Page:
Franklin Adams is an artist, but he is also an architect. Artists and architects are both involved with design, but there most similarities end. If architects are necessarily constrained to the tangible and the possible, artists are bounded only by the limits of their imagination and their ability to make dreams visible. Where architects must be concerned with structure first and foremost, most visual artists are at least as concerned with the suggestive powers of a surface, whether it be paint on canvas or ink or charcoal on paper. For that very reason, Adams' focus on articles of clothing is both natural and paradoxical.
Sure, artists from Botticelli and Velazquez to Sargent and Alex Katz have displayed a keen awareness of the sensual and symbolic powers of the wardrobe. But clothing in their work appeared on their subjects. In Adams' work the clothes themselves are the subjects, as they appear in their most commonly occurring state: on clothes hangers. Yes, this is a show of clothes in repose, hanging on clothes hangers and various related devices.
Outfit II is emblematic. In it, two L-hooks protrude from a blank plaster wall; each supports a clothes hanger. From the hanger on the right dangles a short pleated skirt, affixed to it with clothes pins. The one on the left supports a ruffled blouse made of a sheer, translucent material that drapes naturally over its wire structure as it would over the erect shoulders of a woman with good posture. Barely visible beneath the translucent material, the white outline of the coat hanger appears like a ghost. Thrown casually over the L-hook and partly covering the blouse is a sexy black bra made of a sheeny, silky material. All are illuminated by beam of bright light casting the kind of shadows seen in old Hitchcock movies. Meticulously rendered in charcoal pencil and conte on paper, all three articles of clothing display endless smooth gradations of light and shadow and precise details of stitchery. They also suggest something of their owner's presence lingering like an afterimage, or aura, an imperceptible hint of musk, soap, sweat, perfume.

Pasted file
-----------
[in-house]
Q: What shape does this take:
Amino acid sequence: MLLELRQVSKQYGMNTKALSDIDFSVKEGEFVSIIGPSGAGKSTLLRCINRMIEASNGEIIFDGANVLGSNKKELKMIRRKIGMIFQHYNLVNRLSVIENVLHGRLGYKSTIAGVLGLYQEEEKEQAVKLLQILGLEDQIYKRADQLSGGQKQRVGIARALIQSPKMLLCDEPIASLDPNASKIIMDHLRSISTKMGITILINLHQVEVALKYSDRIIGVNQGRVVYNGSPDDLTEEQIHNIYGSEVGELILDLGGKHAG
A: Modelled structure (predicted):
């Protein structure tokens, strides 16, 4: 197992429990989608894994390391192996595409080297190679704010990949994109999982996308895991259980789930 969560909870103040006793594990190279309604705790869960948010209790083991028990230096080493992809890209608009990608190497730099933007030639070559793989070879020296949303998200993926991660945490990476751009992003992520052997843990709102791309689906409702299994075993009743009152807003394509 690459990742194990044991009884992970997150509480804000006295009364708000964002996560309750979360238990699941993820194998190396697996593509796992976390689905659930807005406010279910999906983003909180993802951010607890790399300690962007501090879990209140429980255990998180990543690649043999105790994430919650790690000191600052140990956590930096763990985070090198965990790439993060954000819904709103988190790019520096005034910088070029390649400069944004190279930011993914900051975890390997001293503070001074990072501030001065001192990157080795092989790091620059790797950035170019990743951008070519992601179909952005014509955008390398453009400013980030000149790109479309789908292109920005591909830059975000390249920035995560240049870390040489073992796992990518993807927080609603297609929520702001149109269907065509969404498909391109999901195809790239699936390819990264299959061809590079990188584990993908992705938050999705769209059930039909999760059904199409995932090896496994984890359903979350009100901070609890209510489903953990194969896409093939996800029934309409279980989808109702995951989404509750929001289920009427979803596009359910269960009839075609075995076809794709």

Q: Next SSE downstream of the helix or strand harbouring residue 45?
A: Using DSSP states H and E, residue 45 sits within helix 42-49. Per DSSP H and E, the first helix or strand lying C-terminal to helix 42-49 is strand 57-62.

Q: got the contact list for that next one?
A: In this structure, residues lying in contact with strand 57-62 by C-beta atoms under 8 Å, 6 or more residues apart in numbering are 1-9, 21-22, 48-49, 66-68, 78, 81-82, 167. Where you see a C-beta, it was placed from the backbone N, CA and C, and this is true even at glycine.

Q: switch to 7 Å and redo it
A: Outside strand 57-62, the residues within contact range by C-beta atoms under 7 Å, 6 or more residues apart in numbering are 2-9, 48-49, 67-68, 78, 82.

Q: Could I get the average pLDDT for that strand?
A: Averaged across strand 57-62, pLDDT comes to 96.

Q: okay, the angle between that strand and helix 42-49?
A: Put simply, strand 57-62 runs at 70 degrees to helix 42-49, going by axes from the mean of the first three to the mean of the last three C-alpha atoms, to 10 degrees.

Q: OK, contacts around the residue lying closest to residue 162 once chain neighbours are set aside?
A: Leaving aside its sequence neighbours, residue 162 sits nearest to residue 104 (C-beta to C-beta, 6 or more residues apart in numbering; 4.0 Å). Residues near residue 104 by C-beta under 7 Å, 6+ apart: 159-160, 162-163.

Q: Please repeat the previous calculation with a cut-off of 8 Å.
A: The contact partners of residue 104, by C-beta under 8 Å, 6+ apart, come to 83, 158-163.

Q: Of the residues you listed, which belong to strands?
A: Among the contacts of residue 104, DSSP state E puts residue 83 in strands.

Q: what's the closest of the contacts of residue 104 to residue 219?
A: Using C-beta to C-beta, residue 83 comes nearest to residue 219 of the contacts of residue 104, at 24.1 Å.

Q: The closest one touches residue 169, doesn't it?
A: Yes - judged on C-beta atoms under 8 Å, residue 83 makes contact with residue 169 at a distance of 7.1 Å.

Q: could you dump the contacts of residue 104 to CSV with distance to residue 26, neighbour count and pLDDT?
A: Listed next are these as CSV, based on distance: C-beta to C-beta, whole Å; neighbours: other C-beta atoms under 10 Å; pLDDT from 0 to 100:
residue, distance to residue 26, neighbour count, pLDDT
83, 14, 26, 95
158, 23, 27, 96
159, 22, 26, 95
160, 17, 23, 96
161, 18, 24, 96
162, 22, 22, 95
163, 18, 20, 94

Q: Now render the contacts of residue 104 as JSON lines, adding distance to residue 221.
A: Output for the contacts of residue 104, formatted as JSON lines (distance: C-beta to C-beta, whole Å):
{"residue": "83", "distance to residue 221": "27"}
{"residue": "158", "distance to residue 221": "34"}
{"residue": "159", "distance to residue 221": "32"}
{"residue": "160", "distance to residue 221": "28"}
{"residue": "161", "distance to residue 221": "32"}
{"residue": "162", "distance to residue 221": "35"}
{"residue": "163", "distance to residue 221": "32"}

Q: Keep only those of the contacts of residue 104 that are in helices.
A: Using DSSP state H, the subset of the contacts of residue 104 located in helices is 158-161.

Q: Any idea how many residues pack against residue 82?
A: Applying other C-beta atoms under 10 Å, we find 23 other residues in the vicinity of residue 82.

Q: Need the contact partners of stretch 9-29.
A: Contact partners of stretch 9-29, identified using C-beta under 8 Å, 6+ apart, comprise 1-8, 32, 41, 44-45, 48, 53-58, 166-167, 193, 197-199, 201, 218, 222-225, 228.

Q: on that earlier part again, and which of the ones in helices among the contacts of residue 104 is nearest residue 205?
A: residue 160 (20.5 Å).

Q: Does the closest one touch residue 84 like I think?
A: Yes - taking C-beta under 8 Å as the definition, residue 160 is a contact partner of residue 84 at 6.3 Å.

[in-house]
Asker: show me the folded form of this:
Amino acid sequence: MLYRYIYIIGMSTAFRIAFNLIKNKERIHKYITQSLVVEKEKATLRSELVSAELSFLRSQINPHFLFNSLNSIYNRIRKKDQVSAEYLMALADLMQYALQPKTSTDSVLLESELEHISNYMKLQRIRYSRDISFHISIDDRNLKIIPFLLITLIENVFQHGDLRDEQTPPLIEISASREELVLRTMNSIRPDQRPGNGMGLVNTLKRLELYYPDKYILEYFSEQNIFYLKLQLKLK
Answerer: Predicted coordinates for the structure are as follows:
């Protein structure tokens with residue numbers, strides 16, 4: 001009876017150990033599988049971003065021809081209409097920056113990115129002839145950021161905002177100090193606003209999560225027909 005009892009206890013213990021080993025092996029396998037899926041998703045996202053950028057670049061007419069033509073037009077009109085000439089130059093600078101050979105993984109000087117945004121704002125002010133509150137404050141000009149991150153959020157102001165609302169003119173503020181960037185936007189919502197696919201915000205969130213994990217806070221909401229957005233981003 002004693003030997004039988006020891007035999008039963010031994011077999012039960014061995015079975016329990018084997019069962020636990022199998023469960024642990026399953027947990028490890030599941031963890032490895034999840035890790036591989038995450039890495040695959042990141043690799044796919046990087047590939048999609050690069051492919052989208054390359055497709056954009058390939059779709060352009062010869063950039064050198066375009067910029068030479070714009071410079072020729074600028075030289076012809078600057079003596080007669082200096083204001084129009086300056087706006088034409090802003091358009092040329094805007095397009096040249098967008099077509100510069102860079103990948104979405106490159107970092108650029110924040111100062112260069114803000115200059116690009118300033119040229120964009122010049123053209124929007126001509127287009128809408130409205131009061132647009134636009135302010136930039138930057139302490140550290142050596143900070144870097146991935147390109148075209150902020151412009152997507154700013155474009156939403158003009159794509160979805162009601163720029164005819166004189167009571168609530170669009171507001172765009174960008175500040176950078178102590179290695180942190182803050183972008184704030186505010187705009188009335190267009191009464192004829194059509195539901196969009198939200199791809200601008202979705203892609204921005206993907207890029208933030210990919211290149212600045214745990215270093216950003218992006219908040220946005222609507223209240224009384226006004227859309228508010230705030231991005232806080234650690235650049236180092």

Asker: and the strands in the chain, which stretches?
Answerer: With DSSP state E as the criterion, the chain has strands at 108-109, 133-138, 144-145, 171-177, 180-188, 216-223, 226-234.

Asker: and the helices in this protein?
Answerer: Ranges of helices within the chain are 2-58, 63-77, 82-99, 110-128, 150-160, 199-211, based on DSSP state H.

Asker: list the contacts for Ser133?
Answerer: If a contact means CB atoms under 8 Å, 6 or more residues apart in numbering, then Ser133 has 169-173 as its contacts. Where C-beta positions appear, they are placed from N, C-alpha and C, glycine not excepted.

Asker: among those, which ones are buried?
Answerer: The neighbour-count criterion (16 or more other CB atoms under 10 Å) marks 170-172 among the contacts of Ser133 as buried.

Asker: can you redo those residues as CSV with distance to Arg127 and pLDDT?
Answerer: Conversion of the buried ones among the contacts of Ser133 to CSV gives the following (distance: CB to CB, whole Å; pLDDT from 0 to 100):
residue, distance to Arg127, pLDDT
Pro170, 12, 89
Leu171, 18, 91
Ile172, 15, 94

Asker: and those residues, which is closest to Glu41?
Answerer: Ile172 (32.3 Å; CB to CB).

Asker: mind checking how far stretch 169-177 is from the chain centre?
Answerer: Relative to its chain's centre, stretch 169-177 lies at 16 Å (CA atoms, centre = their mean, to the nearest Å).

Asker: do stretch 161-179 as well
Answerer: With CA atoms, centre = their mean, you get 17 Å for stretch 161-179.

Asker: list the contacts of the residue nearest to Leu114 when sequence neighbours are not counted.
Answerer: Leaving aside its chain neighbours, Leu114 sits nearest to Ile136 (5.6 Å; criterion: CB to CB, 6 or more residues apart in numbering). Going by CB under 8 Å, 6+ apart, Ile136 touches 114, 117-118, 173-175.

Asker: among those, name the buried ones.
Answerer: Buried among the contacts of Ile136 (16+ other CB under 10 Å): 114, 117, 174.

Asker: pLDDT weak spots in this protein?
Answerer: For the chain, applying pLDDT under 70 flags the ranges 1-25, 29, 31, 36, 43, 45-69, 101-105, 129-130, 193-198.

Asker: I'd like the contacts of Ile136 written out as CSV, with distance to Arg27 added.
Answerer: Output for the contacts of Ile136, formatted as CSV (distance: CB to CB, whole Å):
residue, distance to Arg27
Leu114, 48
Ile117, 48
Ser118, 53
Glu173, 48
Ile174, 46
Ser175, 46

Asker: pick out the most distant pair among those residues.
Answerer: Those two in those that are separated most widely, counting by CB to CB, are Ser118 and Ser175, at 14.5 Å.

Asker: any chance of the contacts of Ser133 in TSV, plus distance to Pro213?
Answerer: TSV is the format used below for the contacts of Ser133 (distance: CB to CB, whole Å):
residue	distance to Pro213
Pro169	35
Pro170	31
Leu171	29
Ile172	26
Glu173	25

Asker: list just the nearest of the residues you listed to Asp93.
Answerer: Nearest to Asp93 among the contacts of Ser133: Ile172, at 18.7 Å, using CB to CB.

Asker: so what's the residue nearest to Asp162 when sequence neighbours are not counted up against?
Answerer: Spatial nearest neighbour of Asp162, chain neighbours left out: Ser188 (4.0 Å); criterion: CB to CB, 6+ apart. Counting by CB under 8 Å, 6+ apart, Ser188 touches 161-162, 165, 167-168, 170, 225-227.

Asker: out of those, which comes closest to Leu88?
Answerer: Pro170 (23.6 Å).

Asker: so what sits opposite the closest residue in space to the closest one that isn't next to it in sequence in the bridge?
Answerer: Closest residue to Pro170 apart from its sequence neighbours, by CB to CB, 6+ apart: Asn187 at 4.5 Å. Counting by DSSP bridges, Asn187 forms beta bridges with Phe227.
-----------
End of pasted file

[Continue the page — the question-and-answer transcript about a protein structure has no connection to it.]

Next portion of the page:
Slip is more minimal and somehow less personal, a rather baggy slip hanging limply from a solitary hanger. Here Adams uses gray grisaille watercolor to convey a high resolution rendition of the dark, filmy fabric. Well kept yet oddly reticent in tone, the slip evokes a proper yet sedate persona, a sensible yet retiring woman who likes nice things. The other pieces in the show are variations of the same or closely related themes. All elicit two initial responses. The first is a kind of shock that anyone would so obsessively depict clothing in such precisely fluid and sensuous detail. The second is that more subliminal response that has to do with the way we sense other people at many different levels. What gives Adams' work its depth and presence and keeps it from being a mere academic exercise in chiaroscuro, or light and shadow, is his almost mediumistic knack for evoking the imprint of the former wearer. Yet that person is a total stranger; all of his subjects come from Thrift City, precluding any knowledge of the persona behind the fabric. And if this seems like a stretch for an architect, Adams' work reminds us that even presence and intimacy can be structured.
Another take on a closely related theme appears in Jessica Goldfinch's Interpose series at Kolektiv, a new Magazine Street gallery. Here tiny toddlers' dresses appear in plaster. Looking a little grotesque and splayed, almost like wide-bottomed antebellum gowns, each contains a jar filled with small objects: a plastic lighthouse, toy soldiers, a few hundred aspirin, even pigs' feet. Concerned with the persona behind the facade, Goldfinch used her flair for gothic, slightly morbid juxtapositions to offer up another of her explorations of decadence, both in the sense of the weirdness that goes on behind the supposed innocence of childhood, as well as in the broader sense of an American culture that celebrates ingenues like JonBenet Ramsey and Britney Spears while somehow corrupting everything in its wake, or so it may seem. She also touches on the psychic architecture of fabric -- there's something fortress-like about a plaster dress filled with toy soldiers. For Adams and Goldfinch, clothes suggest either structures of intimacy or veils of illusion. Both views ring true.
- Outfit II is emblematic of Franklin Adams' show of clothes in repose, Layers of Intimacy, in which he proves that that even presence and intimacy can be structured.